Mental Health Policy 'Fragmented, Underfunded': Report

08/12/2015 2:41 PM AEDT | Updated 15/07/2016 12:51 PM AEST
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Income is always the endless topic of an organization

Australia needs to consider better integration of its mental health and employment sectors following the release of OECD report which slammed the nation’s mental health funding and fragmented policies.

The Mental Health and Work report said Australia lags behind other OECD countries and needs to do more to help people with mild to moderate mental health issues both at, and getting into, work.

“There isn’t a strong integration between them and that requires government intervention and strong policy direction,” said Associate Professor Jacques Metzer of the University of South Australia.

“It doesn’t seem to be there. If you contrast this with the EU approach, then you get quite a different picture.

"We've got an itsy-bitsy system in Australia already -- and that's just the Workcover component of it, which is the insurance component -- we're not even talking about appropriate intervention at the right time. For workers at the workplace, that intervention should occur before such things arise."

He suggested regular organisational "climate surveys" could be used to pick up on potential problems early, before they start to occur in individual workers.

He said events at work can sometimes be a major contributing factor to lasting mental health problems.

But he said work can also fit in as part of recovery.

“I think this is what policy needs to move to,” he said, again citing workplace European workplace practices of earlier intervention.

“My feeling is the employment place -- the workplace – is only a grudging participant, if at all, with such things.

“Often the preference is to get rid of these people, if they can, to the insurance company.”

The OECD report, released on Monday, found that in Australia people affected by mental health issues are three times more likely to be unemployed than those with no mental health problems.

It recommended limiting the risk of long term unemployment by improving early identification of mental health problems, investing in appropriate services for jobseekers with mental-ill health and encouraging post-placement support.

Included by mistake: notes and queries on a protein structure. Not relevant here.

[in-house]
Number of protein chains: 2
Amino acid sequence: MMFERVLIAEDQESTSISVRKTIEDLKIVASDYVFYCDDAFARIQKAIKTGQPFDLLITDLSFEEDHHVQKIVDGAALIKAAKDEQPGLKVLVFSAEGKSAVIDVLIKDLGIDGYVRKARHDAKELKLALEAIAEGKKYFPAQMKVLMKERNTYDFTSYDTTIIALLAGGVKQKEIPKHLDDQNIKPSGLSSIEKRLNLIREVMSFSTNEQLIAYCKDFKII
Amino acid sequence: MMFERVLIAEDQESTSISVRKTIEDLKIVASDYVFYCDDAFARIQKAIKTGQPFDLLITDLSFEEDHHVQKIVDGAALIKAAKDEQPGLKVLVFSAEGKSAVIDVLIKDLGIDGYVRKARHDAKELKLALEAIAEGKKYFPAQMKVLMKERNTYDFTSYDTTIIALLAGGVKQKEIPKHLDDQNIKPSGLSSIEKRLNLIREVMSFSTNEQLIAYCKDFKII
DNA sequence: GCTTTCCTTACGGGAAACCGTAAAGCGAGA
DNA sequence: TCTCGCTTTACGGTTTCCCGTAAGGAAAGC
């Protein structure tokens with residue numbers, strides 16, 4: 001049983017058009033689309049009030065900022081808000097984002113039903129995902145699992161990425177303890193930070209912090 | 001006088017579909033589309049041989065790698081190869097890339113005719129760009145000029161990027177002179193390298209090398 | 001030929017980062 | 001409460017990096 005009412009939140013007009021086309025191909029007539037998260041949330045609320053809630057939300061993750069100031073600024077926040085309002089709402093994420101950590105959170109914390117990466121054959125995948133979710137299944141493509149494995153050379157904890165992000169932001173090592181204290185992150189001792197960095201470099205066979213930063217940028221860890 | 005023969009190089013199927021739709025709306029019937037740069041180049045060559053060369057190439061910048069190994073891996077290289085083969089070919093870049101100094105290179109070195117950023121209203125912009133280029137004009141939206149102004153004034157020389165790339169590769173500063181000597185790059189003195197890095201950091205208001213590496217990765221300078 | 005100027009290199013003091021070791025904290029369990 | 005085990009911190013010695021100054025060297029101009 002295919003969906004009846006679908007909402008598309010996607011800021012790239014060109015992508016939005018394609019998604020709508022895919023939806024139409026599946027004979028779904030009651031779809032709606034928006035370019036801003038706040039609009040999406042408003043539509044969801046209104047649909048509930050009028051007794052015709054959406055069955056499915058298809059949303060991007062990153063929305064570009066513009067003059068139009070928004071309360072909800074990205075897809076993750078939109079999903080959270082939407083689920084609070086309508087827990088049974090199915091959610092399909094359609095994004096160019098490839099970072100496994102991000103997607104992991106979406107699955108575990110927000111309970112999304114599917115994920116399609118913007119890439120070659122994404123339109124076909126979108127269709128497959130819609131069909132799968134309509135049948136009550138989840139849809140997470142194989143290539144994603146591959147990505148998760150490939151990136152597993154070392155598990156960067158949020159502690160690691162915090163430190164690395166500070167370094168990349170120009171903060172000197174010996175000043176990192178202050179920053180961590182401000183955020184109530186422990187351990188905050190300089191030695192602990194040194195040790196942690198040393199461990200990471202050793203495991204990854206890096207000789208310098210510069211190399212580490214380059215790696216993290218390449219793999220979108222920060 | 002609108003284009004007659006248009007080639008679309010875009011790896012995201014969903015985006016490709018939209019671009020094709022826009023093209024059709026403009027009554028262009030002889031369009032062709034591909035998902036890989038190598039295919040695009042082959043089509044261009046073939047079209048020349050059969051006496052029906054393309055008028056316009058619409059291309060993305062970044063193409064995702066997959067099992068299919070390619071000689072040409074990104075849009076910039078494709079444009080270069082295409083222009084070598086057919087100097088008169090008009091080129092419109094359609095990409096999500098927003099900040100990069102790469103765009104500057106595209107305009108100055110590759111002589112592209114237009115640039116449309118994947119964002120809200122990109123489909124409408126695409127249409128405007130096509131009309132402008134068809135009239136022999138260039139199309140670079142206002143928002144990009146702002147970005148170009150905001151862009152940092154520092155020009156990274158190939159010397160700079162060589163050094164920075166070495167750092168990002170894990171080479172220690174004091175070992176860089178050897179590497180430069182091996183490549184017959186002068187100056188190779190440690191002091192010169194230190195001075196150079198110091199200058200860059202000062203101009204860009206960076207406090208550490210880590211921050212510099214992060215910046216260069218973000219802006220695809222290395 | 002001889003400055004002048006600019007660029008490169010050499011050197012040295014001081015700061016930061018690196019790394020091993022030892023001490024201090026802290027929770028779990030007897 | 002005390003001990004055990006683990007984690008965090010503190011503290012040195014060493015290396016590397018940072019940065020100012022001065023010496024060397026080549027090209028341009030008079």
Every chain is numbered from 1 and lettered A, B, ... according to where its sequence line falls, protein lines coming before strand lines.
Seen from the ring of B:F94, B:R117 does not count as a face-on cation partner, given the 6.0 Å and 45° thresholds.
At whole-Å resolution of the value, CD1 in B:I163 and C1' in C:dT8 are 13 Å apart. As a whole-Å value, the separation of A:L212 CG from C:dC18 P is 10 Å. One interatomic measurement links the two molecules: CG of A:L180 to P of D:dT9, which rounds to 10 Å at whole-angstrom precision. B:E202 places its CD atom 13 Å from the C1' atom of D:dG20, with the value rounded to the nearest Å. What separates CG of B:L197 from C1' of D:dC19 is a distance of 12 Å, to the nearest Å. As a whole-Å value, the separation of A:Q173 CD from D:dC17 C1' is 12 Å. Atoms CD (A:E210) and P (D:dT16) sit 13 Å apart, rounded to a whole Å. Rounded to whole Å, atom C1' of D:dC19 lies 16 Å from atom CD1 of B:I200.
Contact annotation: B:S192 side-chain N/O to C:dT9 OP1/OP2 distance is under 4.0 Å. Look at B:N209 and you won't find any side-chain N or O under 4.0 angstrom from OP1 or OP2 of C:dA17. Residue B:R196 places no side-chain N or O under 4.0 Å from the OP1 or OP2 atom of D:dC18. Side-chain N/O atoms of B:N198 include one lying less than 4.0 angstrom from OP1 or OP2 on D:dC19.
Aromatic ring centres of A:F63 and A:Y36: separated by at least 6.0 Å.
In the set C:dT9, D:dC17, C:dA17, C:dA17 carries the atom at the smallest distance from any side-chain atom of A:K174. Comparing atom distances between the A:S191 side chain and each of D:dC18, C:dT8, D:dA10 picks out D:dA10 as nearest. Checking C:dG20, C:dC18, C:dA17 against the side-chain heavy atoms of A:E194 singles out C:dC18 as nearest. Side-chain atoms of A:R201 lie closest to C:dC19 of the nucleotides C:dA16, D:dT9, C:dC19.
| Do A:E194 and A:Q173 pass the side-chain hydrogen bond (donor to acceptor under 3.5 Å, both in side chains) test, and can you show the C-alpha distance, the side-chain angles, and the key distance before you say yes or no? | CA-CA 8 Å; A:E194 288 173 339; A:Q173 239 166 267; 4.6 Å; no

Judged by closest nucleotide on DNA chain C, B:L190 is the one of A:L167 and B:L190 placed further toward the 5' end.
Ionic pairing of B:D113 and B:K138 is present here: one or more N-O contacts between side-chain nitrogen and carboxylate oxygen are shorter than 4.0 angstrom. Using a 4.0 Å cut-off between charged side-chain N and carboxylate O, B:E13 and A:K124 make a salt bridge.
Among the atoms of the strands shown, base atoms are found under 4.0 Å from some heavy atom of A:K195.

The medical and non-medical costs of mental illness amount to $28.6 billion each year in Australia, or 2.2 per cent of GDP, the OECD report said.

That amount nearly doubles when you add indirect costs, such as productivity loss or sick leave.

The report recommended Australia create a coherent nationwide support structure to support young people with mental health problems in their transition to work.

It also urged policymakers to strengthen employers’ responsibility in sickness management, and in offering employees occupational mental health services regardless of the work-relatedness of workers’ mental health issues.

“To limit the risk of long-term unemployment, Australia must improve early identification of mental health problems, invest in appropriate services for jobseekers with mental-ill health and encourage post-placement support,” the report said.

“Change is also needed in policies to support young people with mental health problems who struggle at school and in their transition to working life.

Health Minister Sussan Ley on Monday defended the Government’s decision not to pump new money into mental health as part of its shake-up of the ailing system, announced in November.

She said the government needs to get the framework right before adding more money.

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